Review: Dr Faustus

This 16th century play is revitalised with a tantalising mix of wonder and despair.


“Why this is hell, nor am I out of it.” 

As clawing hands ooze from behind a bookshelf, as twisted shadows creep against the walls, as light flares across the stage, 00Productions’ adaptation of Christopher Marlowe’s Doctor Faustus at the Keble O’Reilly Theatre keeps its audience wonderfully suspended between the mortal world and the imminent threat of inferno.

Caroline Taylor introduces the play as the Chorus, immediately setting the high standard of performance with a natural grace. Henry Waddon then commands the stage as the brilliant, yet hubristic, Doctor Faustus. Opening with a wine-glass in hand and drunk on the prospect of uninhibited power, it would have been easy to render Faustus as a wholly Machiavellian villain. However Waddon’s Faustus is one who is engaging and relatable, making his moral corruption all the more frightening. Amongst his narcissistic gushing, the sensitivity Waddon conveys in Faustus’ realisation that God “loves thee not” is remarkably touching. Such a convincing portrayal of the gradual and pitiful decline into hellish torment is testament to Waddon’s remarkable ability to navigate the extremes of human emotion with a natural sincerity. Gemma Daubeney is sinister yet exciting as Mephistophilis. Despite her menacing edge, there is a playful energy to her performance, and her enraptured glee in wreaking havoc lends light to an otherwise dark narrative.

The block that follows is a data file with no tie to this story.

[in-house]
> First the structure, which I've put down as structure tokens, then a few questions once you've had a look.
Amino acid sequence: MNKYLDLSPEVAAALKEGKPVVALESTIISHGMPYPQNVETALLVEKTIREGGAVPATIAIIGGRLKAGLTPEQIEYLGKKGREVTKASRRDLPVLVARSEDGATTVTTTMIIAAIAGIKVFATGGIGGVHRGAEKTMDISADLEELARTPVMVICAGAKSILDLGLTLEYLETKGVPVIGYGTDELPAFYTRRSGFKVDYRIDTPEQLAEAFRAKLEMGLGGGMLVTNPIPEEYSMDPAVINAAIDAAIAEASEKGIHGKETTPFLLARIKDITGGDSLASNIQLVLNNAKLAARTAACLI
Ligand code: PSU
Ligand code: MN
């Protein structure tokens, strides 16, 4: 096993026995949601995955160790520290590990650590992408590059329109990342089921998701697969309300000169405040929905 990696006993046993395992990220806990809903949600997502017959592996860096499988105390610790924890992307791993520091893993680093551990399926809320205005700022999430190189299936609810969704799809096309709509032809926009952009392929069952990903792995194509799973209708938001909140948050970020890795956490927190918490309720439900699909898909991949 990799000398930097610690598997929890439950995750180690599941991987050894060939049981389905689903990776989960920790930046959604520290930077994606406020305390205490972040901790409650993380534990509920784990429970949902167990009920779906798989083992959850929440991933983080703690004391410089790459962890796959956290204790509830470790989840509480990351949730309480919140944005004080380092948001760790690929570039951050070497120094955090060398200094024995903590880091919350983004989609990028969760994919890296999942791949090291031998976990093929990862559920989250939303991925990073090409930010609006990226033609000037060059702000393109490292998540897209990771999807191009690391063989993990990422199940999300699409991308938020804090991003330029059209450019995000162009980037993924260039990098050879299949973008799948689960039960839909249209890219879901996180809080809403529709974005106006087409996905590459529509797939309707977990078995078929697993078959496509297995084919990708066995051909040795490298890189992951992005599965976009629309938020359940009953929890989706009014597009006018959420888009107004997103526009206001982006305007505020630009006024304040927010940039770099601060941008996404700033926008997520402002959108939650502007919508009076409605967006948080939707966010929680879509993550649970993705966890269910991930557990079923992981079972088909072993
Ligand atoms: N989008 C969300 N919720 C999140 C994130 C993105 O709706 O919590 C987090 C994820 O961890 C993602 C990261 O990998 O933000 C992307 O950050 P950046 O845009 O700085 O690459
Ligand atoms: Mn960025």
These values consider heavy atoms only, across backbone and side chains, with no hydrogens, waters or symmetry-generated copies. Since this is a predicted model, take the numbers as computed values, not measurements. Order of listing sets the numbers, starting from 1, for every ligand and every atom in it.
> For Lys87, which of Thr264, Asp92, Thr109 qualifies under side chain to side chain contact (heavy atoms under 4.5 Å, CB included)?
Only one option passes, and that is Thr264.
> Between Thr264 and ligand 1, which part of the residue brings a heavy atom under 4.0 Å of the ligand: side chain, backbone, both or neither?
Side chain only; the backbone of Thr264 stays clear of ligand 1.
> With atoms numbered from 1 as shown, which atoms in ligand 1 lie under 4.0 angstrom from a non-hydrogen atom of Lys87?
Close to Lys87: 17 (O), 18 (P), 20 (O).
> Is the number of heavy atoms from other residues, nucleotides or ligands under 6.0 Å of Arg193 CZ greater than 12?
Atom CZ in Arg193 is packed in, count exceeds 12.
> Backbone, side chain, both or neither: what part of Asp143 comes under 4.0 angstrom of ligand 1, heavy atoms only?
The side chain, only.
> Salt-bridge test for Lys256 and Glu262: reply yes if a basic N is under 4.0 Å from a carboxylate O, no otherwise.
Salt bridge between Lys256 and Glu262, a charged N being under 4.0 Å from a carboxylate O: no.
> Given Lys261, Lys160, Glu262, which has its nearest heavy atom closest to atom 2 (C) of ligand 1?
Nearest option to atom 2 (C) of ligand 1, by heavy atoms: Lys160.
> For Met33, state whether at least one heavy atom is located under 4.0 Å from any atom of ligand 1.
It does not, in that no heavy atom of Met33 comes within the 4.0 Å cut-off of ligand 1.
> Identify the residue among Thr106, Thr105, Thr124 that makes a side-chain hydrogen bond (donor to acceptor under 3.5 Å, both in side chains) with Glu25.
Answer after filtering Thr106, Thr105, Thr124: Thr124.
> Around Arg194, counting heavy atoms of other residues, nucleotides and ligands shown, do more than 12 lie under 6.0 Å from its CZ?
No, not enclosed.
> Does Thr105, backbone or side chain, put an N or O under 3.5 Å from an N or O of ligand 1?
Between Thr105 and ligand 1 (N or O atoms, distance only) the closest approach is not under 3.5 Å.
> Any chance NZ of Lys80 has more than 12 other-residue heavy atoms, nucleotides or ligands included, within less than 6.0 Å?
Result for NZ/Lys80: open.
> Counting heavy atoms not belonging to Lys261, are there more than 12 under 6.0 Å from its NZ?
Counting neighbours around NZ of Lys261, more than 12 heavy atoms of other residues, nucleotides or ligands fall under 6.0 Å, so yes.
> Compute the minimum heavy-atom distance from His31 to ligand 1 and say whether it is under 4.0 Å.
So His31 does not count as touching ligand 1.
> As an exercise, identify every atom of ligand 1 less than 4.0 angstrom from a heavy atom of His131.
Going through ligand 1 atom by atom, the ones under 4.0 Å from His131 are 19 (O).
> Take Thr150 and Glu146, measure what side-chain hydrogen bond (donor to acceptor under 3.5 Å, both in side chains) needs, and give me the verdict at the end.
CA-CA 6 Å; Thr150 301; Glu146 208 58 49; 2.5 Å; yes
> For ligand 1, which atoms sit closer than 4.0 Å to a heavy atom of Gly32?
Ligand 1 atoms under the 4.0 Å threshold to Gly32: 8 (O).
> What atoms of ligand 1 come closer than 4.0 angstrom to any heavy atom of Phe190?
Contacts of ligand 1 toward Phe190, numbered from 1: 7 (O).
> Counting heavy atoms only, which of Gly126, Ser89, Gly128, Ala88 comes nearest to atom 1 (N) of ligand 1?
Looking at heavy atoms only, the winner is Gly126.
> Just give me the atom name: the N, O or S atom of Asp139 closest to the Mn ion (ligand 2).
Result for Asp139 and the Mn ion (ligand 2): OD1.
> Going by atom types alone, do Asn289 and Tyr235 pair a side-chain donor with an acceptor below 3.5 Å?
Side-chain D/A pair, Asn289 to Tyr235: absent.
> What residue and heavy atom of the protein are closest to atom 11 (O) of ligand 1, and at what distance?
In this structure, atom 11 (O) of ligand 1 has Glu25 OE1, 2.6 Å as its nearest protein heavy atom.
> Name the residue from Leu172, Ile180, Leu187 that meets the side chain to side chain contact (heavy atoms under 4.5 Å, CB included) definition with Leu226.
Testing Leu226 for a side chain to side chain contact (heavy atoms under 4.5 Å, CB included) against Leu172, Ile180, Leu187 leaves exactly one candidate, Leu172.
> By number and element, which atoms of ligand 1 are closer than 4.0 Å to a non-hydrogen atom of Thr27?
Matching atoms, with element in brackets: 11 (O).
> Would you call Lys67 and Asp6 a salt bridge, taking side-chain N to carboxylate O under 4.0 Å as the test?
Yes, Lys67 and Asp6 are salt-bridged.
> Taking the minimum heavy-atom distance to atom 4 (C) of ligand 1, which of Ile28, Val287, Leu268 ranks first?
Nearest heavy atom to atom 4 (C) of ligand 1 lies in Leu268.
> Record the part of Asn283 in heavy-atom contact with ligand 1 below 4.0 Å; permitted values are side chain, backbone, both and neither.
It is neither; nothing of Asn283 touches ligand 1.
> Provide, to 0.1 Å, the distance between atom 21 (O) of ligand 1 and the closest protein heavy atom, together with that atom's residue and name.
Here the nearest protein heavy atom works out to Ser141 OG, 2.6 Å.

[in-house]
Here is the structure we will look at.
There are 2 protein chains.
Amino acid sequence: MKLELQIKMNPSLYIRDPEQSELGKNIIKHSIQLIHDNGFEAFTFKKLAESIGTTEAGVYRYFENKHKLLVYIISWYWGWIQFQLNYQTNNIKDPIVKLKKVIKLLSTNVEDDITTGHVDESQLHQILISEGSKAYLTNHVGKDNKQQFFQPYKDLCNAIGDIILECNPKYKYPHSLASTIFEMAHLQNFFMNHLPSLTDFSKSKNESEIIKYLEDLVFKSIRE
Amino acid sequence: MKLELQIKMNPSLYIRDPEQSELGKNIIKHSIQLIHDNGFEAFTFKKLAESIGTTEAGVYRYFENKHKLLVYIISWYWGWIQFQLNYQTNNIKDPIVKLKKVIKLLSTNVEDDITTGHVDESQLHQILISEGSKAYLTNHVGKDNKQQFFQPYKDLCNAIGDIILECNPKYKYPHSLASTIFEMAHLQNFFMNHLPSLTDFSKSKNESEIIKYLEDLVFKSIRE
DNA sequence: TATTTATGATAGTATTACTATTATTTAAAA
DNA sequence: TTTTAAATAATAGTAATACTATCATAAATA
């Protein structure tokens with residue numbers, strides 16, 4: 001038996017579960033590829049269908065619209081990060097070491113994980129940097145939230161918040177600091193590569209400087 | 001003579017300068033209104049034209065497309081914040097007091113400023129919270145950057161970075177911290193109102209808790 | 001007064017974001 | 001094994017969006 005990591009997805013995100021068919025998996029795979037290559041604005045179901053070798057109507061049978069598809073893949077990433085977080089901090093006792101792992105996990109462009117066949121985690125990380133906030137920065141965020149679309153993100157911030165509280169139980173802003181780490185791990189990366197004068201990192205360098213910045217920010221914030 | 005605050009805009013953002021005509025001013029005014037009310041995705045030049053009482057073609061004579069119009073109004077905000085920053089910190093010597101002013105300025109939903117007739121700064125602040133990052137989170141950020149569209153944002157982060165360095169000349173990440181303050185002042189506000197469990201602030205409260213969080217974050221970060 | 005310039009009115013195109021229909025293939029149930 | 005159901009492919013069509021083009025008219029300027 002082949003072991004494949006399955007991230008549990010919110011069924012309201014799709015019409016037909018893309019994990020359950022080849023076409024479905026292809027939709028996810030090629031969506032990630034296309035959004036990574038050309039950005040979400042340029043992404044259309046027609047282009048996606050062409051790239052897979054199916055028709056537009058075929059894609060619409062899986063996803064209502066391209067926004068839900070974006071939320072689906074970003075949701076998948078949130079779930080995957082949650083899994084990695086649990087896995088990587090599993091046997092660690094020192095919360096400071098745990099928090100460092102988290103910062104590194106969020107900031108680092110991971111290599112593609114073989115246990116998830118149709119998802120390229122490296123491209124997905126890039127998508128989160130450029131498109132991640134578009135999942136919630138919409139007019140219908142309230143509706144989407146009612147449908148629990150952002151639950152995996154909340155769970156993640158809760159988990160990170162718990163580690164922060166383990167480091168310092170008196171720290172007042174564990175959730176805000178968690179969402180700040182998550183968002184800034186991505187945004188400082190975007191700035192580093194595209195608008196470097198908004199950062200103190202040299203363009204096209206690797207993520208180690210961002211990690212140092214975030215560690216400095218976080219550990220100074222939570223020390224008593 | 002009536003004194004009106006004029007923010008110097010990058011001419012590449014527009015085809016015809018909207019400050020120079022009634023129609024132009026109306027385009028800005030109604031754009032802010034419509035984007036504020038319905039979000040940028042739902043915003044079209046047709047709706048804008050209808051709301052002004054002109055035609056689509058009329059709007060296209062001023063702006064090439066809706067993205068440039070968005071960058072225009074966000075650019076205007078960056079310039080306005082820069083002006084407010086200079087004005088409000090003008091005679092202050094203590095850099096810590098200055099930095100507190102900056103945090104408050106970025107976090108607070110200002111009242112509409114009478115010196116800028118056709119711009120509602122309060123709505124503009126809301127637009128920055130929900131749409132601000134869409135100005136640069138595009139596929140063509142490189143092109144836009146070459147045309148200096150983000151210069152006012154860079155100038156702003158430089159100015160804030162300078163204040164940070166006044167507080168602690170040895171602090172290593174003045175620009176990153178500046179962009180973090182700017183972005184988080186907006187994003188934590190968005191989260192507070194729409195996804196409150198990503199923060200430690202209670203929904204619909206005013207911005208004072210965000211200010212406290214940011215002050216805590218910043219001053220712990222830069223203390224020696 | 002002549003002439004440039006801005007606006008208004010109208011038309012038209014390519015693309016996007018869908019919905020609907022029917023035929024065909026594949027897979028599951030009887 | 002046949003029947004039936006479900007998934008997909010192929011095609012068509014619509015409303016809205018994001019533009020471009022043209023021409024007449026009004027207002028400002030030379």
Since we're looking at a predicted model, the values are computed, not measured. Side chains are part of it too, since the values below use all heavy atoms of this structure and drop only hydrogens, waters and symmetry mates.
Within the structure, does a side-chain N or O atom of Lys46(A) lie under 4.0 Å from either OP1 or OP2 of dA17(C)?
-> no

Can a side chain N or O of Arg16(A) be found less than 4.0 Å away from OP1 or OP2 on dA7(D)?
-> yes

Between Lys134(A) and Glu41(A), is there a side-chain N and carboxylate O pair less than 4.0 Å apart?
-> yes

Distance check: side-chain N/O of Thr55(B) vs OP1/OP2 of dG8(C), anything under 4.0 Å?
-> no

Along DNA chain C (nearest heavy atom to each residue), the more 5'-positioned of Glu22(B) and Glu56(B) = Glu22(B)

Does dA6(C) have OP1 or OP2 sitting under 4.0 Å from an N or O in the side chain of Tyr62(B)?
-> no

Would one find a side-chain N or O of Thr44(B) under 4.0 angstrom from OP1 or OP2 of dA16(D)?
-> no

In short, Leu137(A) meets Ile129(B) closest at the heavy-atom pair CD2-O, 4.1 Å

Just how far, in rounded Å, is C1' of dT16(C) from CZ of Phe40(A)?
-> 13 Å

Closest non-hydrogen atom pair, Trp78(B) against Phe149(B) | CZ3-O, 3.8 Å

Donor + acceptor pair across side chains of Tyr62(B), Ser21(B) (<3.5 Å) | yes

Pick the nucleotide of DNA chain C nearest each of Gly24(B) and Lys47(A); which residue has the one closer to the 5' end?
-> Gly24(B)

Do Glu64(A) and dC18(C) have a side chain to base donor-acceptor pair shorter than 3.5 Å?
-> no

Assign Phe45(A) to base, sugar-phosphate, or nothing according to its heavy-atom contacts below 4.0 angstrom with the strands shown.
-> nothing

From Alice Penrose’s set; the ticking clock looming above, and disordered bookshelves; to Will Hayman’s lighting design, the visual elements of the production were absolutely excellent. The introduction of the seven deadly sins springs to mind as a particular visual highlight of the performance. With twisted limbs and clacking tongues, the wonderful grotesqueness of the sins was magnified by lights shifting in colour and an undercurrent of ominous sound that permeated the auditorium. Embedding speakers in the set was an especially effective move in this sense, with the sounds of hell fully integrated and resonating throughout the theatre: hell and the mortal world felt fully intertwined. 

Doctor Faustus is emblematic of the best theatre Oxford University has to offer, both in terms of performance and in terms of its creative vision. With loud pyrotechnics and convincingly bloody special effects, Doctor Faustus is by no means for the faint-hearted. Thoughtful and inspired, Amelia Rogers’ direction ensures that this 16th century play is revitalised with a tantalising mix of wonder and despair, unleashing the true horror of a man meddling with the devil. 

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